[9] On Urquhart, see the elegant essay by A.J.P. Taylor ‘Dissenting Rivals: Urquhart and Cobden’, in his The Trouble Makers. Dissent over Foreign Policy 1792-1939, London, 1957, pages 37-61 and Richard Shannon ‘David Urquhart and the Foreign Affairs Committees’ in P. Hollis (ed.) Pressure from Without in early Victorian England, London, 1974, pages 239-261. J.H. Gleason The Genesis of Russophobia in Great Britain: A Study of the Interaction of Public Opinion, Harvard University Press, 1950 provides a more general overview of attitudes.

[10] Joan Hugman ‘A Small Drop of Ink: Tyneside Chartism and the Northern Liberator, in Owen Ashton, Robert Fyson and Stephen Roberts (eds.) The Chartist Legacy, Merlin, 1999, pages 24-47 is a useful study of the impact of this newspaper.

[11] On the development of Lovett’s internationalist stance see Joel Wiener William Lovett, Manchester, 1989, pages 108-113.

[12] Wiener William Lovett, page 112.

[13] On radical reaction to the 1848 revolutions, see Margot C. Finn After Chartism. Class and nation in English radical politics, 1848-1874, Cambridge, 1993.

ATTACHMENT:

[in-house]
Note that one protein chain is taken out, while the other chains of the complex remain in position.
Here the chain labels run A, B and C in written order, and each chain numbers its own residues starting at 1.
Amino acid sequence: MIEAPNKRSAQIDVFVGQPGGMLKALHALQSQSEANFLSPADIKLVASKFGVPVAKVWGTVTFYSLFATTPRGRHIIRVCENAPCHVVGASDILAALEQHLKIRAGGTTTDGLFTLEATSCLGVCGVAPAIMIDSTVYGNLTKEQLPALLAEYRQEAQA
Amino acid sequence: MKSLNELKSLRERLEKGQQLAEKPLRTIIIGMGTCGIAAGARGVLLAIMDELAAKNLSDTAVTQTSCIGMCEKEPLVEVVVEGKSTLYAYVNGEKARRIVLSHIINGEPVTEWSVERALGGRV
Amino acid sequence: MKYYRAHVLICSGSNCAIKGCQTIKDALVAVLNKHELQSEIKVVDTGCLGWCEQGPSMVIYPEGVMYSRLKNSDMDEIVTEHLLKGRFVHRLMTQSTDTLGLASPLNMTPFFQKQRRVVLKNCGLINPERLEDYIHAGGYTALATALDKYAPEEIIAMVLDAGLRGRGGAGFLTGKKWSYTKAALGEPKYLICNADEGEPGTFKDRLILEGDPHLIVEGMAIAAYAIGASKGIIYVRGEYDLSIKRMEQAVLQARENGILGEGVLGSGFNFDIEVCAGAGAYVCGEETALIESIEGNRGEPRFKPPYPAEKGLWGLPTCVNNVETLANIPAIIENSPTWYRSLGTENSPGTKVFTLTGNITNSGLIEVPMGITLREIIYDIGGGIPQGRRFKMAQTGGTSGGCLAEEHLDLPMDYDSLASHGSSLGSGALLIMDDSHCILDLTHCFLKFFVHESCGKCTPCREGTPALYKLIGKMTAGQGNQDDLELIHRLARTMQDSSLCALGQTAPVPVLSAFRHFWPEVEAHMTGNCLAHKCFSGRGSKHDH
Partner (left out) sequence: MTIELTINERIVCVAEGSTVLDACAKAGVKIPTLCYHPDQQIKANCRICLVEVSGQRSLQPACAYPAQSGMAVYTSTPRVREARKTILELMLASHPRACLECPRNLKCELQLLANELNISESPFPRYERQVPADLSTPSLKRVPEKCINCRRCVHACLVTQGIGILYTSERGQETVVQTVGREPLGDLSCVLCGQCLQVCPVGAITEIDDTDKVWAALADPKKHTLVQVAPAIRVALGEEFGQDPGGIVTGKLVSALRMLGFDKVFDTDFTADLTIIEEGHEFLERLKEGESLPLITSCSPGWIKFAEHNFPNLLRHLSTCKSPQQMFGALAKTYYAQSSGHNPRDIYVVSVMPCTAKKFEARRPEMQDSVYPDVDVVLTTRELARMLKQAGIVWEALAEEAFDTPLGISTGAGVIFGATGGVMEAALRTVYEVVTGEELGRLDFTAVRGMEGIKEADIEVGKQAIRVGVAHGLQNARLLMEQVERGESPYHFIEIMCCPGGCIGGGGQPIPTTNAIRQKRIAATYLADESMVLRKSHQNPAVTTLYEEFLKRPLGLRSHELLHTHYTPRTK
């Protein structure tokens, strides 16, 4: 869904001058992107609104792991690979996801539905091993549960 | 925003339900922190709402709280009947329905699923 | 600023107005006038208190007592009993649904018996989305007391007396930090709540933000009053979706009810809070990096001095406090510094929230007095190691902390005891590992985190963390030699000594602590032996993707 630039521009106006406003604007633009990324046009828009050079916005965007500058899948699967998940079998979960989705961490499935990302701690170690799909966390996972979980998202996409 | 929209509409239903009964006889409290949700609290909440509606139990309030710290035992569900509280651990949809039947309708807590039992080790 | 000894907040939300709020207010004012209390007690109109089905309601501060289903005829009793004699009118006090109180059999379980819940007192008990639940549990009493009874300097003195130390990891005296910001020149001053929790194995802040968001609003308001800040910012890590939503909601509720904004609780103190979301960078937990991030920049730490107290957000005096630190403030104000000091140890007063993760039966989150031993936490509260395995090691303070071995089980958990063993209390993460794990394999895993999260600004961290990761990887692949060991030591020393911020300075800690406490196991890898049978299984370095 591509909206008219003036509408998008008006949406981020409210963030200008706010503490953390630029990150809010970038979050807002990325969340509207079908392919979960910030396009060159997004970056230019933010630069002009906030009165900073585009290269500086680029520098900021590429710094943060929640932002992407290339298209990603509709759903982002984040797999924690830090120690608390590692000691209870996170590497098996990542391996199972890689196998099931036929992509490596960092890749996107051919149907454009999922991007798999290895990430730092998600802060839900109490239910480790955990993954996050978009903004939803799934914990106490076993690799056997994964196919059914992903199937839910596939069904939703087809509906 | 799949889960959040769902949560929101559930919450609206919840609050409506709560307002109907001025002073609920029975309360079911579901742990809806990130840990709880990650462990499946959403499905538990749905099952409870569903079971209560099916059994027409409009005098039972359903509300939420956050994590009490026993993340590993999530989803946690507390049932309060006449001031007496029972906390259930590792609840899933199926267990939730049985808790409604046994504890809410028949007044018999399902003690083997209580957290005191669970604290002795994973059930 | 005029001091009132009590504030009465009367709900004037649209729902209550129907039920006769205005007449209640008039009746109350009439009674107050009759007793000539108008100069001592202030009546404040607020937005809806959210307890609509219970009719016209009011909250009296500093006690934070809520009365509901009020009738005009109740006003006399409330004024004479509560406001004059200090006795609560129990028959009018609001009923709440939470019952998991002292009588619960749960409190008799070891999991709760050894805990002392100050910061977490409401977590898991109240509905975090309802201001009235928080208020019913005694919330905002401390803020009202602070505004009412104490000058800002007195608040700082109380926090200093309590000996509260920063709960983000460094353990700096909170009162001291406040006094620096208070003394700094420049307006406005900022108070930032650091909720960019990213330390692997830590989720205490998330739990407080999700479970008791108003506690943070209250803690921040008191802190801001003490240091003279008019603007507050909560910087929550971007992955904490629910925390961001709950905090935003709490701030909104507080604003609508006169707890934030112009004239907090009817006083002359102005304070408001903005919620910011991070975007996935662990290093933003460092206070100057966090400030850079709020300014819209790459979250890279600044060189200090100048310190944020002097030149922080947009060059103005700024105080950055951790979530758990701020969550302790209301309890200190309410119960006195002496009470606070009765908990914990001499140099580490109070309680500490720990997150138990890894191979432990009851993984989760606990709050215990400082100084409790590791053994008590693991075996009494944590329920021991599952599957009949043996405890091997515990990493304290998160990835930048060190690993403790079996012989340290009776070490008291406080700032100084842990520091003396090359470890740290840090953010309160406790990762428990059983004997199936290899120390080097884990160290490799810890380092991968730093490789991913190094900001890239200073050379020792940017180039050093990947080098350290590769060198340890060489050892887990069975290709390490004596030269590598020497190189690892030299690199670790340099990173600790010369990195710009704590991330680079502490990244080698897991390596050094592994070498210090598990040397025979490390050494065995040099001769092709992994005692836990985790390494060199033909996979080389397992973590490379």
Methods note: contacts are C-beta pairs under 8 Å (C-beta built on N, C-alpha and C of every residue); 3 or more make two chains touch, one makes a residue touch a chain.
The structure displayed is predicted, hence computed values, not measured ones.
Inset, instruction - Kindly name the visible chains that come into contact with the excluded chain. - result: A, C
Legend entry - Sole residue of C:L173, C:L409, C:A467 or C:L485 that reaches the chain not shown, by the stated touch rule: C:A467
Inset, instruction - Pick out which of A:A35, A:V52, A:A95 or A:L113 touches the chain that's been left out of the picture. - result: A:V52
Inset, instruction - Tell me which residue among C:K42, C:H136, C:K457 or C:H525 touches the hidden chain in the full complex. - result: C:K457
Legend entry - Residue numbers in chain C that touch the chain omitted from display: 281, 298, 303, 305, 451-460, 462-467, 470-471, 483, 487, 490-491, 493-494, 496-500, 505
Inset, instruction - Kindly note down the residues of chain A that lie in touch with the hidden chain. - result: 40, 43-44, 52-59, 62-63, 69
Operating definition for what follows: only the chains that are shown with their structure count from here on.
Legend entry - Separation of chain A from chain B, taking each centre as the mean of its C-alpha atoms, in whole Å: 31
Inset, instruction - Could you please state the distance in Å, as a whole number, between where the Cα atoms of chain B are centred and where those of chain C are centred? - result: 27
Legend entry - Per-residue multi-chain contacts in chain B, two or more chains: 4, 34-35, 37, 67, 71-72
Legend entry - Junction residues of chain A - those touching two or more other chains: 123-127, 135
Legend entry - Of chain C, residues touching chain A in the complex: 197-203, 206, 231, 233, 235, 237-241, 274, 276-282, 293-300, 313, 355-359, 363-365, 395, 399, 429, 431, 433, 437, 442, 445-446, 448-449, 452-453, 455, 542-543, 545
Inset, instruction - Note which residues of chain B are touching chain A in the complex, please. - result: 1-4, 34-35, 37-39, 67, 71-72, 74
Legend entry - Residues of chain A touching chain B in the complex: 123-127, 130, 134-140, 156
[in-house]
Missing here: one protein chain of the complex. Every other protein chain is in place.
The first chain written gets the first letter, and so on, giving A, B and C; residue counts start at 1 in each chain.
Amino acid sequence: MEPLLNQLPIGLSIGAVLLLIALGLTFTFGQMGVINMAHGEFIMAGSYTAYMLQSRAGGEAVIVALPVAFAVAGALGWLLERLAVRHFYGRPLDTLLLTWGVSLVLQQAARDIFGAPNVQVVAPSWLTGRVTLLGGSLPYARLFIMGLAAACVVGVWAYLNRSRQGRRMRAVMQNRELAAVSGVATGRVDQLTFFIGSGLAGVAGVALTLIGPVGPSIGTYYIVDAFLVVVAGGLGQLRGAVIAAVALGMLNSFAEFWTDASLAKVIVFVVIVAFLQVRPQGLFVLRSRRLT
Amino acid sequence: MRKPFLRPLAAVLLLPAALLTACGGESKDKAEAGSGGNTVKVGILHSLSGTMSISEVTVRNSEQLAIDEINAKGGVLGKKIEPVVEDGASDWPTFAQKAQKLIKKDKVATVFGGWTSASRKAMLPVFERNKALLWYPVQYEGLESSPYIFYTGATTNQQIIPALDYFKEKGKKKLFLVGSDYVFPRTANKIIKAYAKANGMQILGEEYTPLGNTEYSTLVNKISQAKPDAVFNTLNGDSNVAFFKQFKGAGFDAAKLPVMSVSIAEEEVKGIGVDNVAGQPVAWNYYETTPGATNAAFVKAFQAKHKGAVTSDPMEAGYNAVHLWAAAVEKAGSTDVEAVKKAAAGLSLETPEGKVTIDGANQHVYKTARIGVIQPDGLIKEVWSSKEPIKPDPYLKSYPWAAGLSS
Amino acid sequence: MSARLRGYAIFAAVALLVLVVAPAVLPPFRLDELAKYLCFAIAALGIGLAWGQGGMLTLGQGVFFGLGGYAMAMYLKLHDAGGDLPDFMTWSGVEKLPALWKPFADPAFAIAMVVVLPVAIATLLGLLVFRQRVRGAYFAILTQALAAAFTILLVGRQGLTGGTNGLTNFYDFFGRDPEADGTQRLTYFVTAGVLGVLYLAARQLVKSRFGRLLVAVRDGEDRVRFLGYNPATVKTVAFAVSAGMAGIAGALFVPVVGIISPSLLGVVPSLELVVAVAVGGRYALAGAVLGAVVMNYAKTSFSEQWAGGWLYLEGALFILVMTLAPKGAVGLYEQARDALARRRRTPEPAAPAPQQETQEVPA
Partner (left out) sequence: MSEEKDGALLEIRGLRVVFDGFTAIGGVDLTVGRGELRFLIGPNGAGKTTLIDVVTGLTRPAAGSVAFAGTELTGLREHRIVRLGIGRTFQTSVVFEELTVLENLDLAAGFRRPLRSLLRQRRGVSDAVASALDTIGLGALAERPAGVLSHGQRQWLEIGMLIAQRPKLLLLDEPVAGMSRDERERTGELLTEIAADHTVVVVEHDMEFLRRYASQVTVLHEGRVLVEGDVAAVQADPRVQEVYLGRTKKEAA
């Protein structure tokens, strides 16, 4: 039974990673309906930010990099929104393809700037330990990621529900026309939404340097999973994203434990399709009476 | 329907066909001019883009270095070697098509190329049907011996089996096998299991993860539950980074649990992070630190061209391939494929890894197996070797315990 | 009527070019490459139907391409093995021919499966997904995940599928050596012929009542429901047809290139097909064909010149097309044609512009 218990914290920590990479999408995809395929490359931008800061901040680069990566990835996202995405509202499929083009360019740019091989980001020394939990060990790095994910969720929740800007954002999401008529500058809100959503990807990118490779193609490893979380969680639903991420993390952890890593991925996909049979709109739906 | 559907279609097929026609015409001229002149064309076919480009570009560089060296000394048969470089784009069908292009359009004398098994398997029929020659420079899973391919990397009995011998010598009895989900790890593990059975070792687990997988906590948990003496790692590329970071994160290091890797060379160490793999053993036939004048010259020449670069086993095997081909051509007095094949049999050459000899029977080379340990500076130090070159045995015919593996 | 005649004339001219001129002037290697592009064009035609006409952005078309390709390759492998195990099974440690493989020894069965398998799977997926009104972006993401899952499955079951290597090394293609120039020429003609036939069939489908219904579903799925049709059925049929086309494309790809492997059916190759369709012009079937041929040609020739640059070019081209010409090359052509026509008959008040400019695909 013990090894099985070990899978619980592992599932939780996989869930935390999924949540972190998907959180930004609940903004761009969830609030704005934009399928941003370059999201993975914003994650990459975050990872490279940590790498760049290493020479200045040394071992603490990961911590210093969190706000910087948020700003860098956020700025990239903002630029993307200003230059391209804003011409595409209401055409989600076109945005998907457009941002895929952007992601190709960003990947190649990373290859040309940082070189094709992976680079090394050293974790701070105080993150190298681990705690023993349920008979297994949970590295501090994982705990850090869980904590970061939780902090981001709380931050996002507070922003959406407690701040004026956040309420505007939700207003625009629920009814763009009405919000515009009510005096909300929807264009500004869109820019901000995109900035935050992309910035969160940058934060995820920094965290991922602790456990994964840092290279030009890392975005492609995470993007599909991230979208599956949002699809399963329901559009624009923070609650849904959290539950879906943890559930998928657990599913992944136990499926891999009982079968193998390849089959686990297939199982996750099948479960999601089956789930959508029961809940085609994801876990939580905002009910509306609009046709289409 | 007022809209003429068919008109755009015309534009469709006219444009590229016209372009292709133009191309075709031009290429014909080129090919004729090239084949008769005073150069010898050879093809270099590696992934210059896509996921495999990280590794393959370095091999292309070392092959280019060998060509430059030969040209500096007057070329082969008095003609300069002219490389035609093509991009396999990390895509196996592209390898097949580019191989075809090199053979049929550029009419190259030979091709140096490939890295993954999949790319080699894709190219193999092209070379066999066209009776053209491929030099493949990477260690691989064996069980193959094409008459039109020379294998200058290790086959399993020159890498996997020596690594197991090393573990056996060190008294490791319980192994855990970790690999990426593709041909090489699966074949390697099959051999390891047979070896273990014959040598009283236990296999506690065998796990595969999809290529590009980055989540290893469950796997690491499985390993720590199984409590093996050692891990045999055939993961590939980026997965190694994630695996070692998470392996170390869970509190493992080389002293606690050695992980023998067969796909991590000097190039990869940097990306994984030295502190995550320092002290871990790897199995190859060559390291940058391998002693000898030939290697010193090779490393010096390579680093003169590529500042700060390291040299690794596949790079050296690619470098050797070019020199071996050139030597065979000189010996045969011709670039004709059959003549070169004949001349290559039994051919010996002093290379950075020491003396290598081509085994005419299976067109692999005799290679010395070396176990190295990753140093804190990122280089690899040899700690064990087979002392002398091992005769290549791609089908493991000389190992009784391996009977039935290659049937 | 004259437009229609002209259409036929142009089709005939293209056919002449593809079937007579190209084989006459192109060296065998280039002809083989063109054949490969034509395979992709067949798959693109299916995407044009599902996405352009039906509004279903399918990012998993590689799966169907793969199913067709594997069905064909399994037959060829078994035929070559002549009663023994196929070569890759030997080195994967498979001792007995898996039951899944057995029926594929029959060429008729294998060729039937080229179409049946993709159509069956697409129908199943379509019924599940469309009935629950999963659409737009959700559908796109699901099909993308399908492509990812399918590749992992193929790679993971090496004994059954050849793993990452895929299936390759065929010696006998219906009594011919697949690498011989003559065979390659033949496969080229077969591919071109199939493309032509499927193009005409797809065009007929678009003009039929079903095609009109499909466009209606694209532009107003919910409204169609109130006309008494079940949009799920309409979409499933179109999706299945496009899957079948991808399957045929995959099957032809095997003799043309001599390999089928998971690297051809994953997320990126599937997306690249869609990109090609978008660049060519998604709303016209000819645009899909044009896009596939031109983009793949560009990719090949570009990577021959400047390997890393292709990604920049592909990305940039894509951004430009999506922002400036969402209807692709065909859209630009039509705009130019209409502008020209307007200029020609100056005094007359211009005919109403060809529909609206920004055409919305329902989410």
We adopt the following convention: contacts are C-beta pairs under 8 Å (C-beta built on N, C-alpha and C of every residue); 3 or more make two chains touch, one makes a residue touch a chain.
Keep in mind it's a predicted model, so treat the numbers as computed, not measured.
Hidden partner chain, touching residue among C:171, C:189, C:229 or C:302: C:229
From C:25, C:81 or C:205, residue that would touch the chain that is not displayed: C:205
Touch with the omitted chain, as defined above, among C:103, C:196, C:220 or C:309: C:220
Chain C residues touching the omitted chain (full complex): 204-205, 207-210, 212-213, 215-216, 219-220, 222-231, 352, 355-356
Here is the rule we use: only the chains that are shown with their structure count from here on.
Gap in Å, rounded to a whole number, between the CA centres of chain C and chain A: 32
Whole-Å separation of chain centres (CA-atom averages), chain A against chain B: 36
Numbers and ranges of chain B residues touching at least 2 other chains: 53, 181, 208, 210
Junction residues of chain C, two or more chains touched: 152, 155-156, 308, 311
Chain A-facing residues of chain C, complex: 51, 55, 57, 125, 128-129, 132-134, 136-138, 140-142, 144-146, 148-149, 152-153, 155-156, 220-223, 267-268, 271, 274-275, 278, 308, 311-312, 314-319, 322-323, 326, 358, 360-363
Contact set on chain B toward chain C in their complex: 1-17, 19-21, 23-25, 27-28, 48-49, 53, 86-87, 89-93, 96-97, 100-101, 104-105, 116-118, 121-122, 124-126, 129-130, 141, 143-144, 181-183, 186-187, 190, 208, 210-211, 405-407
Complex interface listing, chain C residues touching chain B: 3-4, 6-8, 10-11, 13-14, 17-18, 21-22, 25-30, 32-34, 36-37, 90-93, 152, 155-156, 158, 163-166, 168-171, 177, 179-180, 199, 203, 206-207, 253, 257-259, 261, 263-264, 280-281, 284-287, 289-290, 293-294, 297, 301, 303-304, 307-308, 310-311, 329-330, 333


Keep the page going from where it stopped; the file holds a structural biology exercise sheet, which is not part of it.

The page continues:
[14] Jones Chartism and the Chartists, page 164.

[15] John Saville 1848: The British State and the Chartist Movement, Cambridge, 1987, page 1.

[16] G. Claeys Citizens and saints. Politics and anti-politics in early British socialism, Cambridge, 1989, page 208.

[17] By the 1830s the term ‘Socialist’ had become synonymous with ‘Owenite’. I have used both terms inter-changeably in this section.

[18] On Owenism the more valuable study remains J.F.C. Harrison Robert Owen and the Owenites in Britain and America, London, 1969.

[19] On Ironside, see the biography in J. Bellamy and John Saville (eds.) Dictionary of Labour Biography, volume ii, Macmillan, 1974, pages 201-207.

[20] Jones Chartism and the Chartists, page 37.

[21] Jones Chartism and the Chartists, page 39.

[22] Claeys Citizens and saints, pages 268-9.

[23] Claeys Citizens and saints, page 272.